Safest way to use SAK/Slipjoint

Oct 21, 2004
In the good old UK, EDC is limited to sub 3 inch non locking folders unless you have a GOOD reason for carry (I don't :grumpy: ) I've decided to be sensible and bought three Vic Rally's (I know there not a popular choice of SAK, but have what I need) for my keyrings and limit myself to that. Trouble is i'm not used to slipjoint's and would like to know the safest way to use the blade. I can think of three ways.

1. Hold knife normally and cutting pressure should keep blade open.

2. Hold knife handle in a pinch like grip leaving nothing between blade and handle

3. Crooking finger under the dull part of blade to ensure it doesn't close.

1 I dont feel particularly comftable with, 3 should be safer but finger could slip down the blade (Ouch) 3 I suspect is safest but it seems a bit awkward to get a proper grip.

What does everyone remcomend?

PS I imagine a lot of people handled slipjoints/SAK's as their first knife but I didn't so I thought I'd better ask rather that lose/slice up a finger! :)
Hrm. Well, I've carried slipjoints for most of twenty-five years or so, and I've always had good luck with number 1. The only time one ever looked like closing on me was when I was acting the fool and tried to stab something. Don't do that. I have used number 2 once or twice maybe, when I wasn't sure of the immobility of what I was cutting. 3? Nah. Too much chance of your finger sliding up and you getting cut. Or so it seems to me.

So, yeah. As long as you're not prying or stabbing or something, and you treat the knife with respect, you shouldn't have any problems.

Yeah, choice 1 seems the best to me. As long as you really are just cutting something you won't really need a lock anyway, as the pressure is working to keep the knife open anyway.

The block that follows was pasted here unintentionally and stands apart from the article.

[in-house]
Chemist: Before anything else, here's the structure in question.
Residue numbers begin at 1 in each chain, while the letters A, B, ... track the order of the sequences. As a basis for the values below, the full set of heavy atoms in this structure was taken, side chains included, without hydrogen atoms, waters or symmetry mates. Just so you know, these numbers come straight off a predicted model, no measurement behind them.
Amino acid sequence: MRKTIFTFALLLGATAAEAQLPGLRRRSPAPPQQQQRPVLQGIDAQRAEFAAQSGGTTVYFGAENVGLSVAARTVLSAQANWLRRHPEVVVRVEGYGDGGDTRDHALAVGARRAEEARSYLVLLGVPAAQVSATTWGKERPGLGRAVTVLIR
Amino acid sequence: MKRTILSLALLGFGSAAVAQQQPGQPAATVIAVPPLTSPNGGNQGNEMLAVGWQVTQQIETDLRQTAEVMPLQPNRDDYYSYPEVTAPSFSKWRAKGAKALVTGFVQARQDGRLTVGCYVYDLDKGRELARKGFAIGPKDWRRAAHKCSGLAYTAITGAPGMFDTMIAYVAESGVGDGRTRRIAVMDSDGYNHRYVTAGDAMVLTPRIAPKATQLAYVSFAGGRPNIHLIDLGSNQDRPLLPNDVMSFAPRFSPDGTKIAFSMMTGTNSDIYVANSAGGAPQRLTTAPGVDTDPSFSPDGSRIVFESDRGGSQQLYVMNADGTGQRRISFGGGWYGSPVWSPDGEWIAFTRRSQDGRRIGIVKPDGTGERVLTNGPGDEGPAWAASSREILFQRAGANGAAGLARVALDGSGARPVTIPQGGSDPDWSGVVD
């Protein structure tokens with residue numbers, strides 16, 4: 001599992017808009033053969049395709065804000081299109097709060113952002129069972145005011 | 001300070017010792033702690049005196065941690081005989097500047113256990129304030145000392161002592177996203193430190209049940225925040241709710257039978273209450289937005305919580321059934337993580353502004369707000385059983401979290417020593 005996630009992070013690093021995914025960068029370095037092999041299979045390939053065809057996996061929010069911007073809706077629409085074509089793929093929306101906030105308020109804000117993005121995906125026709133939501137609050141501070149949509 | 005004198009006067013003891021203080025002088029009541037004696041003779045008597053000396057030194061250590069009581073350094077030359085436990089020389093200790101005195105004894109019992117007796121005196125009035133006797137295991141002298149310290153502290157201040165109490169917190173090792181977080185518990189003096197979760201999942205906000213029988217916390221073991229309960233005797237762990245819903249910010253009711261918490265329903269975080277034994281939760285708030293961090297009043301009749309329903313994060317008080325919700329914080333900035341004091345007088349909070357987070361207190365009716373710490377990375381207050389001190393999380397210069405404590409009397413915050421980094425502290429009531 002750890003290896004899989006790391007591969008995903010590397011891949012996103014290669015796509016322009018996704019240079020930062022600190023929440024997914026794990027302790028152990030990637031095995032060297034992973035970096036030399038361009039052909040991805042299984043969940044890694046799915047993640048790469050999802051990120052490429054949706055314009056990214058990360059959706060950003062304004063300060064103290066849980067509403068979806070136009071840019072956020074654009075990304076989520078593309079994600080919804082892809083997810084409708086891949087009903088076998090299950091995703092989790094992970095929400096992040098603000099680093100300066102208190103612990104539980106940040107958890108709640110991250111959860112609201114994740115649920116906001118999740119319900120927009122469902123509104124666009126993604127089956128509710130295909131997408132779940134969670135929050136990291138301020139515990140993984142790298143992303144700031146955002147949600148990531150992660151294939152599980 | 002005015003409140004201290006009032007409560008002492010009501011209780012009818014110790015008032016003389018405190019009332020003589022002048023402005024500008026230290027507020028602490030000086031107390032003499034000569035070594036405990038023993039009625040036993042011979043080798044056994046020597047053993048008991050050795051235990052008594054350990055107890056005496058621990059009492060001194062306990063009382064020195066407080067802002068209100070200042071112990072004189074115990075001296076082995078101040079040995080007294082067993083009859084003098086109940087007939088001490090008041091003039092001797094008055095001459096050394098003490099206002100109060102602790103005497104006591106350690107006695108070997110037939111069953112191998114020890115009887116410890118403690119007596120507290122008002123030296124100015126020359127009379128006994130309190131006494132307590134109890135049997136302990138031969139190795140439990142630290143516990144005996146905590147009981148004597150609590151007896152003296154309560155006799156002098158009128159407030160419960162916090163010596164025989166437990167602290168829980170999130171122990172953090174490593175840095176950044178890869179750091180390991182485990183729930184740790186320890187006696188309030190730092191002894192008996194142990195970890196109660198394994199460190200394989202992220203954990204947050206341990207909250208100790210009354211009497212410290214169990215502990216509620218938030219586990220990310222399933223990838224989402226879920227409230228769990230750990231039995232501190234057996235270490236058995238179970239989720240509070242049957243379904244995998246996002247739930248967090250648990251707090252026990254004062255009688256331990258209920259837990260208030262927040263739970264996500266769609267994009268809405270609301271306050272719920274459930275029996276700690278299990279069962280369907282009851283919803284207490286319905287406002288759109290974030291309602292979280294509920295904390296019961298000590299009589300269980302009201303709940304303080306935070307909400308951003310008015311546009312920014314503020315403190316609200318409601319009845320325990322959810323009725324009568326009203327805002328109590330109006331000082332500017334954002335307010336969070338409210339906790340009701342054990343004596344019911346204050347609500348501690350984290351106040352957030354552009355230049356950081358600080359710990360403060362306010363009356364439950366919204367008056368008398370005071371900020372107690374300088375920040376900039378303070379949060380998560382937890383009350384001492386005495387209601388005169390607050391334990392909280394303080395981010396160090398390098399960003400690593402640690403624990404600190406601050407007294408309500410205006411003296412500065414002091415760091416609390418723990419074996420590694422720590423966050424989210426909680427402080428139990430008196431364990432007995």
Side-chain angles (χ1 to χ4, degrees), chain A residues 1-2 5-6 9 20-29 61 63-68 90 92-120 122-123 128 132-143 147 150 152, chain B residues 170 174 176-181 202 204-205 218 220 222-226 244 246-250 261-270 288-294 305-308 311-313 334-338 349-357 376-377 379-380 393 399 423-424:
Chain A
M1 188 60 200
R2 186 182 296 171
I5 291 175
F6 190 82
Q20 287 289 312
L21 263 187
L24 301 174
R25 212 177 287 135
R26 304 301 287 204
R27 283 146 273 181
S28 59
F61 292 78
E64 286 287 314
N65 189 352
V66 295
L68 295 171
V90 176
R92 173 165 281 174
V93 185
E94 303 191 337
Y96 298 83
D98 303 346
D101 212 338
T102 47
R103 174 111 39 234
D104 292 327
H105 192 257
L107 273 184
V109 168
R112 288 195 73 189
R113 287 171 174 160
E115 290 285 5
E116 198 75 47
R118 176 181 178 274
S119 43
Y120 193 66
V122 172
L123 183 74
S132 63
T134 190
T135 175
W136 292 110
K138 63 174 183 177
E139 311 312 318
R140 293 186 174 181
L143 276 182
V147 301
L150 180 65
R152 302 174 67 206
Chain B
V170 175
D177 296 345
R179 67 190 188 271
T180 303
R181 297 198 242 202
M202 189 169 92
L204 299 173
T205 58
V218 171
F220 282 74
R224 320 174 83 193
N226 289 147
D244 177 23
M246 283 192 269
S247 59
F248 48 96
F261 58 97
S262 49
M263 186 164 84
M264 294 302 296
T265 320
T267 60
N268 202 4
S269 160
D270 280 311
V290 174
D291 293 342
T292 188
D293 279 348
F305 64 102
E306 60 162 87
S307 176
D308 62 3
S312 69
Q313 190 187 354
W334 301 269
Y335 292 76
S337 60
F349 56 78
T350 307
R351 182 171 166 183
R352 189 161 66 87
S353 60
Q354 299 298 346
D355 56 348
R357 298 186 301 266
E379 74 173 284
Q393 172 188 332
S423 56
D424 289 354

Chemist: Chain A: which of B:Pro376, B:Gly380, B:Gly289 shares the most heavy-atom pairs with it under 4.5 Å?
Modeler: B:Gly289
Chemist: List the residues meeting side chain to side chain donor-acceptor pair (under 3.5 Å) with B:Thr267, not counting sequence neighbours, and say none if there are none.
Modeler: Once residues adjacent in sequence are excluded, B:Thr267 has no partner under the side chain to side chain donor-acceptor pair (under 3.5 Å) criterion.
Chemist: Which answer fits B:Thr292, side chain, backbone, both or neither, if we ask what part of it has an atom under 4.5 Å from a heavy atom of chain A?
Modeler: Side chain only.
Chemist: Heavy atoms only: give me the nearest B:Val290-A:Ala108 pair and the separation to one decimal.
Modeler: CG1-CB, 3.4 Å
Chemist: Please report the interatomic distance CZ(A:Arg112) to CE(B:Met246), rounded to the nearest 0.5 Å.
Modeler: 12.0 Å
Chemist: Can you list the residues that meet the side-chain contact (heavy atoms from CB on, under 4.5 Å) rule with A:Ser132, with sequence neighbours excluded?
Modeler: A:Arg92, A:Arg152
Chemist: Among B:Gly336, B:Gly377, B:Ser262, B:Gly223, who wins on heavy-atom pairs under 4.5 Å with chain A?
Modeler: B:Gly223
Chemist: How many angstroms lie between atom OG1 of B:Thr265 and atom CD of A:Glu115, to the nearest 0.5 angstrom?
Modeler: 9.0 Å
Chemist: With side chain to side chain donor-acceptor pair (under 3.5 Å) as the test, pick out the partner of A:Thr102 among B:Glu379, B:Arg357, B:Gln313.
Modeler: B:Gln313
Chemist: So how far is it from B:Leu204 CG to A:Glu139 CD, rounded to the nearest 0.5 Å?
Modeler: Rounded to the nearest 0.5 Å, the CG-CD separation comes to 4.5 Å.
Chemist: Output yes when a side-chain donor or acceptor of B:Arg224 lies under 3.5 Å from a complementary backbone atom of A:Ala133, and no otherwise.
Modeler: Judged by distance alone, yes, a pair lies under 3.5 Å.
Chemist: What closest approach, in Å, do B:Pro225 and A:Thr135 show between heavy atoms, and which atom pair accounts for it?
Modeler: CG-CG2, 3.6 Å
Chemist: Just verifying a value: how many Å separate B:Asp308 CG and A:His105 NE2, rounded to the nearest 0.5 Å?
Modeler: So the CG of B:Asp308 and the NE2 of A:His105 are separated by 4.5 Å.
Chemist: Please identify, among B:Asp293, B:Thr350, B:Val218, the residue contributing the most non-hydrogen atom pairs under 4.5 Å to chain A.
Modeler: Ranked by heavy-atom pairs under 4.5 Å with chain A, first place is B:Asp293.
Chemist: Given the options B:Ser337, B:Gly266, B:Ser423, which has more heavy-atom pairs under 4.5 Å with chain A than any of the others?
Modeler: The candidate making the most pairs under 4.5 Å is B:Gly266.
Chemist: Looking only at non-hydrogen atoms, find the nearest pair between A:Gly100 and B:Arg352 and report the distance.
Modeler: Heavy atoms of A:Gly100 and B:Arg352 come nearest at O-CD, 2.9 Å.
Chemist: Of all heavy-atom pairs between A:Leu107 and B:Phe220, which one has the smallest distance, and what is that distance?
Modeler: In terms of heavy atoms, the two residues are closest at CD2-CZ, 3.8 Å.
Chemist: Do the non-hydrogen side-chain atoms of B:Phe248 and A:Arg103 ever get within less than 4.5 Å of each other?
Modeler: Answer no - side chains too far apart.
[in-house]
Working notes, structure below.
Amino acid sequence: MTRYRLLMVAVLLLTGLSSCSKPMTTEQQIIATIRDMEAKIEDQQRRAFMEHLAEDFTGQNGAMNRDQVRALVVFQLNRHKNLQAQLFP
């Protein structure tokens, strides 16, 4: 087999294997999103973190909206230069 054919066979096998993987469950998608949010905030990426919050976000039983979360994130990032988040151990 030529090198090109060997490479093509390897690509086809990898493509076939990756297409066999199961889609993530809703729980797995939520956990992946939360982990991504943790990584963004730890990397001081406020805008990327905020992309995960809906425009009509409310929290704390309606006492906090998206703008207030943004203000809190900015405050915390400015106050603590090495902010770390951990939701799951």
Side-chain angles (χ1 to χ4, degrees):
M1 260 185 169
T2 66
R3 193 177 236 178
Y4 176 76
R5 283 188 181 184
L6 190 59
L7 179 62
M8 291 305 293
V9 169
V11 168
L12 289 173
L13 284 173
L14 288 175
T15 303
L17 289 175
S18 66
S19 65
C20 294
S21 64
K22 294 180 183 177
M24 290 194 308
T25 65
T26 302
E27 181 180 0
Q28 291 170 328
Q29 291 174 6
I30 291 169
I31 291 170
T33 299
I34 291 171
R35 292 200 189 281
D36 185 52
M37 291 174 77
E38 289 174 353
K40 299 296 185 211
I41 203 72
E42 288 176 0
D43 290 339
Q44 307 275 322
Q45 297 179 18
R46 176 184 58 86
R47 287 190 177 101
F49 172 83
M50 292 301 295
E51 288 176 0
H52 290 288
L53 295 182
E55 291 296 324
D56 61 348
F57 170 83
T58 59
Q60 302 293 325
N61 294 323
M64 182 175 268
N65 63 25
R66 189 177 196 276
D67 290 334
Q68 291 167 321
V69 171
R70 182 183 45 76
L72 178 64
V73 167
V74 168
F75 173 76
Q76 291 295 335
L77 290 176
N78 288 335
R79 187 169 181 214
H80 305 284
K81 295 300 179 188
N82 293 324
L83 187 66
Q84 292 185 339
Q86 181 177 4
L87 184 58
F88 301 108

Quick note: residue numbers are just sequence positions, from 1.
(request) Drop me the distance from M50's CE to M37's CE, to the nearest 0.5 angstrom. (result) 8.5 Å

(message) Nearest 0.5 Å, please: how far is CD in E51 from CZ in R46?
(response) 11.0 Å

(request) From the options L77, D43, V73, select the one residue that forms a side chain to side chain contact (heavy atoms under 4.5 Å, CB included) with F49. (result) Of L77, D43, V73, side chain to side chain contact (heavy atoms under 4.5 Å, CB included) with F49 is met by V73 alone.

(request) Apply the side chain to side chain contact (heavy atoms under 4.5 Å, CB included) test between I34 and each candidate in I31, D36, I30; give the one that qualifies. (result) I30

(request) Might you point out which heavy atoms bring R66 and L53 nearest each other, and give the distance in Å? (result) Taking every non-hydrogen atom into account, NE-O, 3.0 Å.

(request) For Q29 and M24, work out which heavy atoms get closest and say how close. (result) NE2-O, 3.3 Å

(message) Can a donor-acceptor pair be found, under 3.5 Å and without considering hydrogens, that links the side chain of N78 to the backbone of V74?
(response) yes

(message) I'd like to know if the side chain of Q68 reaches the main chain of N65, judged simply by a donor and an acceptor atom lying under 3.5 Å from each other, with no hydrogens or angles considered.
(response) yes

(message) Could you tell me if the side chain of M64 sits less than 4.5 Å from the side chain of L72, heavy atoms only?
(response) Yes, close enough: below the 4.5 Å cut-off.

As long as you keep in mind that the blade doesn't lock, and don't try doing anything to crazy with the knife you should be fine. The second option seems like it might be a bit awkward, and not give you as sure a grip on the knife. Door number three leaves a very good chance of getting cut as your hand slides down the blade if it closes unexpectidly.

I have used SAKs and other no locking blades without getting cut, or having the knife close unless I was doing something I shouldn't have been doing anyway. Always just held the knife in a normal grip that felt comfortable.
Thanks both for the responses - No 1 it is then, I kind of figured it should be OK but it just makes me fell sort of uneasy when using it. I guess that your both right and you have to give this sort of knife even more respect when using it then anything else.

Many thanks for the input,

#1 is the way to go. Only time I cut myself was using a knife incorrectly. Not the knife's fault to be sure, just keep the edge going away from any body parts. Hands are not always what gets cut, you have to be mindful of what is beyond the item being cut.
If the Rally has the pivot on the same end of the knife of the keyring, like the Classic, I would consider buying a different knife. I know that the small SAKs are probably the most popular pocketknives in the world but having the blade open in the direction of the keys is, to me anyway, a disadvantage. I find it much easier to use a knife where the blade faces away from the keys. That way I can keep the keys deep in my palm and hold the handle of the knife with my fingers.